Portraits of Wildflowers

Perspectives on Nature Photography

Archive for November 15th, 2011

Mexican hat

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Another species that I found flowering near the Arbor Walk Pond on the still-cloudy afternoon of November 8 was Ratibida columnifera, commonly known in Texas as Mexican hat due to the resemblance of its “column” to the tall central part of the iconic broad-brimmed hats worn by Mexican men. These flowers have their heyday in late spring, when they can form large colonies, but it’s not unusual to see a few isolated plants flowering here or there during the summer and well into the fall.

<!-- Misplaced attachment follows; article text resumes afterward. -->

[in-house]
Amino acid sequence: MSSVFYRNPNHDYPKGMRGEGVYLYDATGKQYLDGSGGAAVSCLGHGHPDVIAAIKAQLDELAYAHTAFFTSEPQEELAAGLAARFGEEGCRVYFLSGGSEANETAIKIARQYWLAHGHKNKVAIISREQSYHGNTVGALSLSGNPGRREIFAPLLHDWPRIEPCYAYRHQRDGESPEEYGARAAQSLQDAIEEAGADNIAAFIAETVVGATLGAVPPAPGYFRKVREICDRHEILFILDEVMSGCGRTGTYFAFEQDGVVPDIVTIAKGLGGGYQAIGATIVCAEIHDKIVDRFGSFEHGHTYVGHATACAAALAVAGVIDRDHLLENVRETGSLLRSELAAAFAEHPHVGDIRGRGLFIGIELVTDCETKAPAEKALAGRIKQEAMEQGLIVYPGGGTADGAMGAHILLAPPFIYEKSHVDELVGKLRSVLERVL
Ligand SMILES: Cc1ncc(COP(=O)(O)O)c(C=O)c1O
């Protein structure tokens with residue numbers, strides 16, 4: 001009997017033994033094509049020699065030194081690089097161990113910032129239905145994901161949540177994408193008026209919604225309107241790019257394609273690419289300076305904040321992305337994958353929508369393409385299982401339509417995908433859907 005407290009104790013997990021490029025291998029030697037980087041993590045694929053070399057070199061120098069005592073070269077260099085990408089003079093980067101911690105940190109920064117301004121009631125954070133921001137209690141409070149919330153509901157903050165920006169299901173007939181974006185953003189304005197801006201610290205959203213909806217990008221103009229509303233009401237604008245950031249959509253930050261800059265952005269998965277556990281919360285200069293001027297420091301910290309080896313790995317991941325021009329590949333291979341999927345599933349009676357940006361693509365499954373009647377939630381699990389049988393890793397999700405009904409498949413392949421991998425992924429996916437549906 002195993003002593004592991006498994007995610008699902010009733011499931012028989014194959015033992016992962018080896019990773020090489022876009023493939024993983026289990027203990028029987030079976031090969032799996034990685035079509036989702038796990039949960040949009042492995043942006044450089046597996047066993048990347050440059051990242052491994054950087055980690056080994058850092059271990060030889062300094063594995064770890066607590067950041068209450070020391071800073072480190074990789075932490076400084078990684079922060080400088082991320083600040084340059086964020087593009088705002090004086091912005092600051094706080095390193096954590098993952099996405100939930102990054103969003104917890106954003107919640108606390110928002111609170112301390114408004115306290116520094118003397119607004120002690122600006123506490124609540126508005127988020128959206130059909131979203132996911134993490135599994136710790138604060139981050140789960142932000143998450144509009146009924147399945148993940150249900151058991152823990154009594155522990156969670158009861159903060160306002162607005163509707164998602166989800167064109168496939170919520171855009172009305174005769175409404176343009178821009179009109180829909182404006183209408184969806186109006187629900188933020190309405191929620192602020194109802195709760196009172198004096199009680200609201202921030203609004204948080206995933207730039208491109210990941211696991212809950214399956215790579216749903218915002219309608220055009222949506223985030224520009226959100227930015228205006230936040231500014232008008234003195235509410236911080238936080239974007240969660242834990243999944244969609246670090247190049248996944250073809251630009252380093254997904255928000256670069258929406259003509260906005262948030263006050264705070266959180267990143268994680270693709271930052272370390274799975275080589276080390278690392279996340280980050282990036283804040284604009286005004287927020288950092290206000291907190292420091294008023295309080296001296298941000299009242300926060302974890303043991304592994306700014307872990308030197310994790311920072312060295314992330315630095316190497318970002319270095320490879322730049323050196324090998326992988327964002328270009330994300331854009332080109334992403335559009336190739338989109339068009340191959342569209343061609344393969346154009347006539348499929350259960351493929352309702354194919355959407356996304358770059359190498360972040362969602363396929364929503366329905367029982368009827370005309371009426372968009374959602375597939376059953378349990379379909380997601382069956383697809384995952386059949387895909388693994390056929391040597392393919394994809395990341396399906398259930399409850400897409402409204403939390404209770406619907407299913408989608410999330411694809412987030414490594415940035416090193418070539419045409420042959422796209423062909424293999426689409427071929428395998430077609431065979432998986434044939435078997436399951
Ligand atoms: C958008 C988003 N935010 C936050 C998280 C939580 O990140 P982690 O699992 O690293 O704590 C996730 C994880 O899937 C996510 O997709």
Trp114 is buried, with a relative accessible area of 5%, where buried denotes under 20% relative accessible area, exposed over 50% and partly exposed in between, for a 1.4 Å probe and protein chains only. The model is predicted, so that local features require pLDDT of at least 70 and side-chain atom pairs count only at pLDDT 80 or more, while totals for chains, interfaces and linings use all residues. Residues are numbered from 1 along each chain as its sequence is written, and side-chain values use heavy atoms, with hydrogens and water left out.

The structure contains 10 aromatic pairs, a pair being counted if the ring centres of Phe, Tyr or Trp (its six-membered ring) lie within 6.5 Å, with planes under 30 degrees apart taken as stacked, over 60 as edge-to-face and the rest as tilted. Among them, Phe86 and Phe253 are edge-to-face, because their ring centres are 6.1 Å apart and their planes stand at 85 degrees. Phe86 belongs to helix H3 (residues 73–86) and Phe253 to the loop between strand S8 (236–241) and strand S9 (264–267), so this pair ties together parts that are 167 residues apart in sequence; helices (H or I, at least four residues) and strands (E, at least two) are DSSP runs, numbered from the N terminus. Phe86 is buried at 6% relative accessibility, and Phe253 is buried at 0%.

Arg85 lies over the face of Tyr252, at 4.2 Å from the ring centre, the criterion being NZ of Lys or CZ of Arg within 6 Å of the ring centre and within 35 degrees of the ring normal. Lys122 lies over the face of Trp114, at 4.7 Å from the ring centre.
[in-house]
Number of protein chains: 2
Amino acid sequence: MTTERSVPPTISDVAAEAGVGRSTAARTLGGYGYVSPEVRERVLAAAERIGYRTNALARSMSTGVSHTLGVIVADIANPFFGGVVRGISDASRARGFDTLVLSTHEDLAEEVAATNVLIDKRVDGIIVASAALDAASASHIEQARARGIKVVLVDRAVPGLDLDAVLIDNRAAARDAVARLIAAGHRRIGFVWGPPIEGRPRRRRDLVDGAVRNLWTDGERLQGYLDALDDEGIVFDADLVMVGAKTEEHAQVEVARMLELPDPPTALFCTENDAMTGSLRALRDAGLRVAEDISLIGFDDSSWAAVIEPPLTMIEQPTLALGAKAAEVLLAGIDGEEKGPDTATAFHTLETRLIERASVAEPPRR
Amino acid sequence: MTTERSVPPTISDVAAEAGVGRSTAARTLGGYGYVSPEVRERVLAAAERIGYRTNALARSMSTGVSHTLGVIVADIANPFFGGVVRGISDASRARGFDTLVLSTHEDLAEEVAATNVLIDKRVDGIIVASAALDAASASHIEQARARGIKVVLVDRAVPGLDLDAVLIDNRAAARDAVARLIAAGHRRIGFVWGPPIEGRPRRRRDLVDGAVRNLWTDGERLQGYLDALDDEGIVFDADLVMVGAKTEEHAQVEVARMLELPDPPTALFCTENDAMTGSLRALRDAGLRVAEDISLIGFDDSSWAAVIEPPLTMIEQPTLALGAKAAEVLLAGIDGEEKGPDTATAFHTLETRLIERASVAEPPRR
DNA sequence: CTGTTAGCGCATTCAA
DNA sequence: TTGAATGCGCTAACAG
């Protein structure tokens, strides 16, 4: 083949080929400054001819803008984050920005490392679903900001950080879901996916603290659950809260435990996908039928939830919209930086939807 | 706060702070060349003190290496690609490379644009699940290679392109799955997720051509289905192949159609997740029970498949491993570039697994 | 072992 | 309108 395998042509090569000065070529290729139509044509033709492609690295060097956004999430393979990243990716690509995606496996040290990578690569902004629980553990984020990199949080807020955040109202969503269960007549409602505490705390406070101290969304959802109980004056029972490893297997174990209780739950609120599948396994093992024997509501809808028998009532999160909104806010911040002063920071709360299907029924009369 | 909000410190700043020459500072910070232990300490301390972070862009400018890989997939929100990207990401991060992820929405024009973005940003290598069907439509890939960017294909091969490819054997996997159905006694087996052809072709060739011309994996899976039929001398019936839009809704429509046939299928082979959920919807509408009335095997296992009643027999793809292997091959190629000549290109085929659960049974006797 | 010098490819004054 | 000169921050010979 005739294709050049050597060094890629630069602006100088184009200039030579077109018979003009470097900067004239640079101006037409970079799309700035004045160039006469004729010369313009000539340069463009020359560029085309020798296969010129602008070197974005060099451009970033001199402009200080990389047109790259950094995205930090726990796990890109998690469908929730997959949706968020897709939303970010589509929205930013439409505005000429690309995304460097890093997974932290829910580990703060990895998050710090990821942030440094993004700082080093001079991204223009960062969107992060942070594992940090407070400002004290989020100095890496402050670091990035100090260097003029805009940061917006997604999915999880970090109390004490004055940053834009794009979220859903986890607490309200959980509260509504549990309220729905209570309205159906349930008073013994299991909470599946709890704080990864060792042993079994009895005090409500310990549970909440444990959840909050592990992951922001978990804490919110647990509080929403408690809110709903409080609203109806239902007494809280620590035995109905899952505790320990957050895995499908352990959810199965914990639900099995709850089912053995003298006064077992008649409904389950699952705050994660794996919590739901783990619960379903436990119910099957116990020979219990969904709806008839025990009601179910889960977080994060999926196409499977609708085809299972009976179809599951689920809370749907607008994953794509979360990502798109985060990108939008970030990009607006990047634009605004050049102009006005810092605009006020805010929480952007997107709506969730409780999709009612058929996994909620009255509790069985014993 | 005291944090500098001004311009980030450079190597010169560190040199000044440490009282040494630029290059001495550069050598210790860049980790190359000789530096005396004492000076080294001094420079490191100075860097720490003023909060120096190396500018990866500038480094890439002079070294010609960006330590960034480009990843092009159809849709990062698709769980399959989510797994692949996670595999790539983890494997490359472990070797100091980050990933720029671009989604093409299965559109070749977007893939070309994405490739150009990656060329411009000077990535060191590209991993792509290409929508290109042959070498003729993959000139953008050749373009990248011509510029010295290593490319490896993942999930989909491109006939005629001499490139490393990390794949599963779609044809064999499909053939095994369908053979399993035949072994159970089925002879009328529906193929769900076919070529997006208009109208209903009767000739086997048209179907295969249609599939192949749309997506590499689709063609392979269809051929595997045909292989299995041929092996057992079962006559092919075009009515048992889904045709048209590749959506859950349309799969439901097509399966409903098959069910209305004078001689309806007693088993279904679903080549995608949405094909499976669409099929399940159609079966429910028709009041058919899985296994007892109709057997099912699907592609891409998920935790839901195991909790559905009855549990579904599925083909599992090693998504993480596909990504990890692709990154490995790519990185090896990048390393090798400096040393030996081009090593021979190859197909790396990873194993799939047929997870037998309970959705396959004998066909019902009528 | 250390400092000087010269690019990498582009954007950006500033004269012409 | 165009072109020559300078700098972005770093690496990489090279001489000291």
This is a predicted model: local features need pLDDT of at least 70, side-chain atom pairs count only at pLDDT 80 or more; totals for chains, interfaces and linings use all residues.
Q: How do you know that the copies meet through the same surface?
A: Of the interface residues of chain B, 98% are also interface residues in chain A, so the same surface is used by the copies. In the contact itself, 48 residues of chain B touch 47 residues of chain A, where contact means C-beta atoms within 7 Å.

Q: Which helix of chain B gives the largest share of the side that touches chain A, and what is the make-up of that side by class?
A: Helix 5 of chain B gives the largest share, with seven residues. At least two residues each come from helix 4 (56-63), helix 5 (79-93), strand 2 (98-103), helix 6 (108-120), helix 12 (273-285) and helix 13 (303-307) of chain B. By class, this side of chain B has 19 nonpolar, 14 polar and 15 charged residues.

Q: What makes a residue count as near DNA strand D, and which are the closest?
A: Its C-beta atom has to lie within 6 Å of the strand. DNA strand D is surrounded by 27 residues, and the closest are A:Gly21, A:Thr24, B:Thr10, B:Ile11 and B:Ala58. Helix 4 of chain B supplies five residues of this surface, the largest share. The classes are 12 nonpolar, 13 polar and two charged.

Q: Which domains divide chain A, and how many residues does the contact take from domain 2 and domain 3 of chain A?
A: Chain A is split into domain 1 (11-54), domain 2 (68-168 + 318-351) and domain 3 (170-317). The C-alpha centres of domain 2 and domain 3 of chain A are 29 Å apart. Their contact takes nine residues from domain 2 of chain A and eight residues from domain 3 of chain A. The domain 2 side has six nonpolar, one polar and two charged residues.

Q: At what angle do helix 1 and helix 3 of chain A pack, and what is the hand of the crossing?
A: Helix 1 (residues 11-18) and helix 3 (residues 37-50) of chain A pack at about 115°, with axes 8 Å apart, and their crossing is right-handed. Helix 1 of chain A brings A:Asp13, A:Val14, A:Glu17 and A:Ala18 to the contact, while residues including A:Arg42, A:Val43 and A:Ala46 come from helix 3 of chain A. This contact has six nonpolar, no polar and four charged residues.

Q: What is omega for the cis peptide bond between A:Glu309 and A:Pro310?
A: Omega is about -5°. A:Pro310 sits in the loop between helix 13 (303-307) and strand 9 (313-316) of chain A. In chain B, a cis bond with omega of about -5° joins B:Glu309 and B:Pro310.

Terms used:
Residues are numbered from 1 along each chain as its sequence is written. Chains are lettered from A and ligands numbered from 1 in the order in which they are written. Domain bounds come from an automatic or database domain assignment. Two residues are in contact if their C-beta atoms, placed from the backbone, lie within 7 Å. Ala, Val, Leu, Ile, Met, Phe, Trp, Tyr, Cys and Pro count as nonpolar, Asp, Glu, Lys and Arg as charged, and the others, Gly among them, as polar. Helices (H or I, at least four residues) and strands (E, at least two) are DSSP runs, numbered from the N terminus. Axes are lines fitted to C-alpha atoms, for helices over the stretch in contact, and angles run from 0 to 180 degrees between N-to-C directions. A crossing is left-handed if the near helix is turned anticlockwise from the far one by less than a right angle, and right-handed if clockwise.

Ratibida columnifera, also called upright prairie coneflower, made its flowering debut in this column in a supporting role in a July 26 picture showing a couple of Mexican hat flower heads beneath a snow-on-the-mountain plant that hadn’t yet flowered itself. In today’s view, the spiraling ranks of disk flowers are just beginning to appear on the central column.

For more information, and to see a clickable map of the many places in the United States and Canada where this species is found, you can visit the USDA website. Mexican hat also grows, appropriately, in northern Mexico.

For those interested in photography as a craft, points 1 and 2 in About My Techniques are relevant to today’s picture.

© 2011 Steven Schwartzman

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Written by Steve Schwartzman

November 15, 2011 at 5:06 AM

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